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Chinese yuan shrugs off worries in ascent to IMF reserve currency

According to experts, it’s a matter of when, not if the yuan will join the IMF’s Special Drawing Rights

China may have to wait a while longer to find out whether efforts to have the renminbi (RMB) included in the International Monetary Fund’s basket of currencies have paid off.

While the RMB, also known as the yuan, is tightly controlled in China, it’s no secret that the government wants the currency to be more widely used for trade and investment. Chinese regulators have been working with IMF officials to try and qualify to join what’s known as the Special Drawing Rights (SDR) basket, an international reserve that today includes the U.S. dollar, Japanese yen, British pound and the euro.

International currency
What is the SDR?
In 1969, the IMF created a new type of monetary reserve currency for international use named Special Drawing Rights, made up up four major existing currencies. Its intent was to act as an alternative to gold and dollars for settling international accounts.

Reviewed every five years, a decision on the RMB was expected to come later in 2015, but the IMF is now hinting that an outcome might come further down the road.

“A key focus of the current review will be whether the RMB also meets the freely usable criterion in order to be included in the SDR basket,” said Siddharth Tiwari, director of the IMF’s Strategy, Policy, and Review Department last week. The RMB was already previously denied from inclusion in 2010 after it was criticized for not being considered freely convertible.

He said staff are proposing to extend the current SDR basket by nine months until September 30, 2016, to ensure “smooth functioning” of SDR-related operations.

“An extension of nine months would also allow users to adjust to a potential changed basket composition should the Executive Board decide to include the RMB,” he said, noting that the extra time has no impact on the outcome of the review, which he says is still underway.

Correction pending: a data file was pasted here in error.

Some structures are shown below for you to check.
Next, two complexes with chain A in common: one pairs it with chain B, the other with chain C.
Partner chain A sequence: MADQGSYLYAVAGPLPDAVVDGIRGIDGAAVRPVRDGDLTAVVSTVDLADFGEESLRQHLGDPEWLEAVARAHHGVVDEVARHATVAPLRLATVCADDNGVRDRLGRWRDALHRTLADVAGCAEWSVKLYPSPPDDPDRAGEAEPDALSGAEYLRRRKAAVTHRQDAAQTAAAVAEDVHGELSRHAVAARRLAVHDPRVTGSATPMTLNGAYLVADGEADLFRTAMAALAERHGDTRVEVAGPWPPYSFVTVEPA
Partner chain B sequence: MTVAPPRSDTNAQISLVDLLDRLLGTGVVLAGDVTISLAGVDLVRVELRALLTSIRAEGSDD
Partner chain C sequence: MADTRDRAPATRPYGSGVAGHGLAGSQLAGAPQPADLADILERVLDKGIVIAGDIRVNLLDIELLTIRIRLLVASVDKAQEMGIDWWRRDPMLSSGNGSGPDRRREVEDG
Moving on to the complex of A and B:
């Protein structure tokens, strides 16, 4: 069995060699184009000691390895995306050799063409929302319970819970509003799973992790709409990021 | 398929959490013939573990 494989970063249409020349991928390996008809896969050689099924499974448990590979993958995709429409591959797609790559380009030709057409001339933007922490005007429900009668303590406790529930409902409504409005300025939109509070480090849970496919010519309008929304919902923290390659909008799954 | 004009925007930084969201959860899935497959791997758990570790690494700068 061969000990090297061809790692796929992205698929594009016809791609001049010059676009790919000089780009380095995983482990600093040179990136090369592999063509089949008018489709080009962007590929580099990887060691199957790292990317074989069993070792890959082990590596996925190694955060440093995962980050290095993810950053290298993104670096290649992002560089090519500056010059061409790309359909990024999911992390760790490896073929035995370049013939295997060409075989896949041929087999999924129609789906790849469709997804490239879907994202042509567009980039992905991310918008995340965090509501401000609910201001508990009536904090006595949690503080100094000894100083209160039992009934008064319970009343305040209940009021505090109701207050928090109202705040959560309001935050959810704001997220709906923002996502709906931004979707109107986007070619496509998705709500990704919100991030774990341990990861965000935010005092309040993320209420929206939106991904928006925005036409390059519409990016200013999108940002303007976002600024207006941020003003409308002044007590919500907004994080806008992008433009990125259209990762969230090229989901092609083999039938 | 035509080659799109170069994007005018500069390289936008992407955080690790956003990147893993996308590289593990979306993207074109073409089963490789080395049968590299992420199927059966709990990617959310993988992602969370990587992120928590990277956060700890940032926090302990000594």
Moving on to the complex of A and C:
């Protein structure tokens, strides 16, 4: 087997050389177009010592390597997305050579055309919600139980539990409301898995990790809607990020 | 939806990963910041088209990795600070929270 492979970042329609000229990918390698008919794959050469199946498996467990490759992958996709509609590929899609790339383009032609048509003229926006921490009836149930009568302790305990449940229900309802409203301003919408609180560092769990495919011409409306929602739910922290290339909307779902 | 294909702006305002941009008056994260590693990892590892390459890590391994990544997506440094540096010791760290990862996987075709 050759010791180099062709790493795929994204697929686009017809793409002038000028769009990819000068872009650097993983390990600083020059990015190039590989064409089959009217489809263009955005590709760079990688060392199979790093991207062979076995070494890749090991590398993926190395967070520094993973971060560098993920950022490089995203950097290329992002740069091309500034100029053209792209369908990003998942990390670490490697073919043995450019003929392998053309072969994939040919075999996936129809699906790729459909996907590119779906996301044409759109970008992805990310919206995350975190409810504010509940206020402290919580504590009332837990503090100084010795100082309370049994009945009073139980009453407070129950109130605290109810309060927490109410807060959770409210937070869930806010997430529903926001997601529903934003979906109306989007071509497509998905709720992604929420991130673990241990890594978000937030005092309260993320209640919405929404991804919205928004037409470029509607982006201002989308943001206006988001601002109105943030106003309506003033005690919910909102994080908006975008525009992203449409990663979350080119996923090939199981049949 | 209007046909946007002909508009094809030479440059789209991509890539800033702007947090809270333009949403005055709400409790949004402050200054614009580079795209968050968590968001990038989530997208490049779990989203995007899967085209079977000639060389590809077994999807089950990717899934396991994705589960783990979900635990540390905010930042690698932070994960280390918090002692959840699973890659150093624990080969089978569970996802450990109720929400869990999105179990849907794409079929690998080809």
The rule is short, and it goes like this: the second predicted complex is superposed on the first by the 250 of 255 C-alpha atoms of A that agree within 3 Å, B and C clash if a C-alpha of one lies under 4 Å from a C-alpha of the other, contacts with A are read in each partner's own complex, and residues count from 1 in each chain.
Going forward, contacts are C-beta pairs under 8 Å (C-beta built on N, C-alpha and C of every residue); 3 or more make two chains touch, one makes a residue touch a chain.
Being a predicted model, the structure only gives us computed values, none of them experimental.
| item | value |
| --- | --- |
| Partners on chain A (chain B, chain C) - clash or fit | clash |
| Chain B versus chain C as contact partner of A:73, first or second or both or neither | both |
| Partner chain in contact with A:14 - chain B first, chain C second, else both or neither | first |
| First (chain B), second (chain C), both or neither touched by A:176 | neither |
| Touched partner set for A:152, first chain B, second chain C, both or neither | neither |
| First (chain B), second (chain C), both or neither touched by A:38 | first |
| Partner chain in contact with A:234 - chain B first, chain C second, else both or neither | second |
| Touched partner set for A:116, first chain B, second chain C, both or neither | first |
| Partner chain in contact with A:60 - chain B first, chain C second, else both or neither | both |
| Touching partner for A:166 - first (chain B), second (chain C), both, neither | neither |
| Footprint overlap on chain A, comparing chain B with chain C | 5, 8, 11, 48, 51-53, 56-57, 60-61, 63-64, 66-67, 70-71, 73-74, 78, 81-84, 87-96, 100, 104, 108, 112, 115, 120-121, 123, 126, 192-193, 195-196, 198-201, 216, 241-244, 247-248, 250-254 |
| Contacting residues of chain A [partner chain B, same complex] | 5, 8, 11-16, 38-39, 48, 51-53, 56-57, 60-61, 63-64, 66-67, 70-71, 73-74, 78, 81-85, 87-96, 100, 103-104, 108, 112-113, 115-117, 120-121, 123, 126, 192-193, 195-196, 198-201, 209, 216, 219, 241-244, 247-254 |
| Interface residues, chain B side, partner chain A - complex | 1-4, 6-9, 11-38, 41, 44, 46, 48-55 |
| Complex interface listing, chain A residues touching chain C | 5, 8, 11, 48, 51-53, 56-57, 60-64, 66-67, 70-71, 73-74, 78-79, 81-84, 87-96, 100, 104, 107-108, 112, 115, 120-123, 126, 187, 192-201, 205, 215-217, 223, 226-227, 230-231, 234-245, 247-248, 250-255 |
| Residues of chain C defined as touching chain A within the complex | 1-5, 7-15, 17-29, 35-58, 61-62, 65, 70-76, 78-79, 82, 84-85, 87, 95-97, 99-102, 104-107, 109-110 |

However, he acknowledged the fact that the RMB is currently the only currency not in the SDR basket that meets the export criterion. IMF managing director Christine Lagarde has also previously said it’s more a question of when, not if, the RMB will be included, especially as the Chinese government continues to push the currency internationally.

Over the past half a decade, China has made a concerted push to establish RMB trading hubs in cities around the world, with one having been launched in Toronto early this year to serve the Americas. It’s a part of China’s move to develop alternative finance channels beyond the U.S. and Europe, having maintained that decreasing dependency on the U.S. dollar would reduce financial risk.

The shift in monetary course is also, “in part out of necessity,” due to the change and slowing of its massive economy, according a new report put together by the Atlantic Council, the City of London Corp, Standard Chartered and Thomson Reuters.


Strategic choices

China’s decision to establish RMB hubs in various cities is the result of careful targeting.

Global Renminbi hubs are the result of strategic choices
Source: Atlantic Council

“As China’s development continues, and as the market for its exports softens due to slower global growth, China’s economy has reached a tipping point, where it is required to transition from an investment- and export-based economy to a consumer-based economy,” the report states.